Many countries had already expressed their willingness to side with the U.S. resolution. Sri Lanka’s closest and crucial neighbor India had also given mixed signals. While India refrained from voting in the resolution’s favor, it was nonetheless passed at the Geneva meeting, paving the way for an international investigation into allegations of war crimes in the final phases of the civil war in 2009.
From November 2013 – when the CHOGM had taken place – to March 2014, when the UNHRC meeting took place, Sri Lanka was in a hard place as it faced criticism and pressures from left, right and centre.
Clearly, the noose around President Rajapaksa was tightening. But he did not seem to budge an inch from his long held stance: no country or organization has the right to interfere in Sri Lanka’s internal matters.
While he was still battling on that front, the state of affairs on the domestic side was not too bright either.
Communal tensions had been simmering between the Sinhalese Buddhist organization Bodu Bala Sena and the minority Muslim community for some time. The conflict started in early 2013 when the BBS objected to
certification on certain products. This certification is issued by a group of Islamic clerics called the All Ceylon Jamiyyathul Ulama (ACJU). A compromise was reached between the ACJU, the Ceylon Chamber of Commerce and Buddhist clergy and it was announced that “the ACJU would stop putting the logo on products for local consumption but will continue to use them for products being exported to Islamic countries” where the certification is compulsory. However, the BBS later walked out of the agreement and demanded an end to “the entire process.” Giving in to the organization’s pressure, the government declared in March 2013 that the ACJU did not have the authority to issue the certification. Although the issue was not discussed after that, the tension between the two communities thrived.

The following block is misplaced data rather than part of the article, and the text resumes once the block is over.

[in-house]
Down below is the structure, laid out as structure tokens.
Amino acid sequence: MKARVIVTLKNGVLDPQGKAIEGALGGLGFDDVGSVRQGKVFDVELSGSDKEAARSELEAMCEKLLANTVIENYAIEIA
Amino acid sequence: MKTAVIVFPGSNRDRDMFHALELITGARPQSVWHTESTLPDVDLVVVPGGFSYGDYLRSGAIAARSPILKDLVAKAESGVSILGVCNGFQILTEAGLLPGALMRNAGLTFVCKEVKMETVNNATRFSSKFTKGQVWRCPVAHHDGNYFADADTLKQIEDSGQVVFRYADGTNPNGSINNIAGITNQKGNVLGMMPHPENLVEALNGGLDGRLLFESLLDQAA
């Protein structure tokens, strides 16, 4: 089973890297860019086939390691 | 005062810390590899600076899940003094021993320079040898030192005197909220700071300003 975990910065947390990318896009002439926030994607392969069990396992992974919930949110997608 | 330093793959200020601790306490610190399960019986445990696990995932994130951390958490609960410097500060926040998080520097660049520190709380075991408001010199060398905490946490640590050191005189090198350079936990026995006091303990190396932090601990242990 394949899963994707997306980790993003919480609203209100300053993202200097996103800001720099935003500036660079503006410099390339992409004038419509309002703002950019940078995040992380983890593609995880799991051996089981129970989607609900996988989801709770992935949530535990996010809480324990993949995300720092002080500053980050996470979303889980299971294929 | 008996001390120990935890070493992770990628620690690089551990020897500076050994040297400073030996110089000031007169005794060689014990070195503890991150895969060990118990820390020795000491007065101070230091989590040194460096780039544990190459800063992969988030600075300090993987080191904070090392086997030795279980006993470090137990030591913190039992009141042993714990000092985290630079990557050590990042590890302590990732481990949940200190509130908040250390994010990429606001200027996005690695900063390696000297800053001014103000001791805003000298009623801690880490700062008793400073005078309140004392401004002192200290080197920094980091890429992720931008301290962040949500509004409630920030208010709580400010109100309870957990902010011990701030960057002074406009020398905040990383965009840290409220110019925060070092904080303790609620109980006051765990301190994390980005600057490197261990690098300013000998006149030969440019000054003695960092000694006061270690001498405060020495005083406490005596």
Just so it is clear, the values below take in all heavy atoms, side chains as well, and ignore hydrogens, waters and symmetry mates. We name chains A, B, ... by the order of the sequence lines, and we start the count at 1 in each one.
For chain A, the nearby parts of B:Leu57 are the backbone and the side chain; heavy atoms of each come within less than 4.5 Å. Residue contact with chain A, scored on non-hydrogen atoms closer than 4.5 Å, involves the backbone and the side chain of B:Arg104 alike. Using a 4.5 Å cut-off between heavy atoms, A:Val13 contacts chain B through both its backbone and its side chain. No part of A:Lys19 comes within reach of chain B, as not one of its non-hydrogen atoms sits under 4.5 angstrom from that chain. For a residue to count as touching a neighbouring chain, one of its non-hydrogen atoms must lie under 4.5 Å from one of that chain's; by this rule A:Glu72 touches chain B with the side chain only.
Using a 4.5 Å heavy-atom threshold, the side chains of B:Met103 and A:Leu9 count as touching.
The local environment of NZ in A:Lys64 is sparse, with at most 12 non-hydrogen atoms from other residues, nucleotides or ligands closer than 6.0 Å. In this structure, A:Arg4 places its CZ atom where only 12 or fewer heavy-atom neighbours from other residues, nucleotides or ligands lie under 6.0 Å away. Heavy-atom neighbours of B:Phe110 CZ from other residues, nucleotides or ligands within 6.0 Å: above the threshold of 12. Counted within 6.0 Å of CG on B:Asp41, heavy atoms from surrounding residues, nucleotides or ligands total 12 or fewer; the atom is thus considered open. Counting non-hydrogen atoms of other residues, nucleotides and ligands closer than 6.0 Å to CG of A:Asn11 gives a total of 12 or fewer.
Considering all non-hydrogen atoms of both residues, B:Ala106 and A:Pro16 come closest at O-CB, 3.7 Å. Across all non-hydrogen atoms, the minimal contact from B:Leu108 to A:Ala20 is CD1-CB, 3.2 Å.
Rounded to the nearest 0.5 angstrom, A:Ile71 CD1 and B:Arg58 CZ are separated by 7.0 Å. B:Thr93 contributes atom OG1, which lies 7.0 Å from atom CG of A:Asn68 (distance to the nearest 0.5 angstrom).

It culminated in the June-July 2014 religious riots, termed as “the most serious anti-Muslim violence in at least two decades” by some analysts. As many as four people were killed, 10,000 people – 8,000 Muslims and 2,000 Sinhalese – were displaced from their homes and various shops and business centers, mostly owned by the Muslims, were looted and gutted.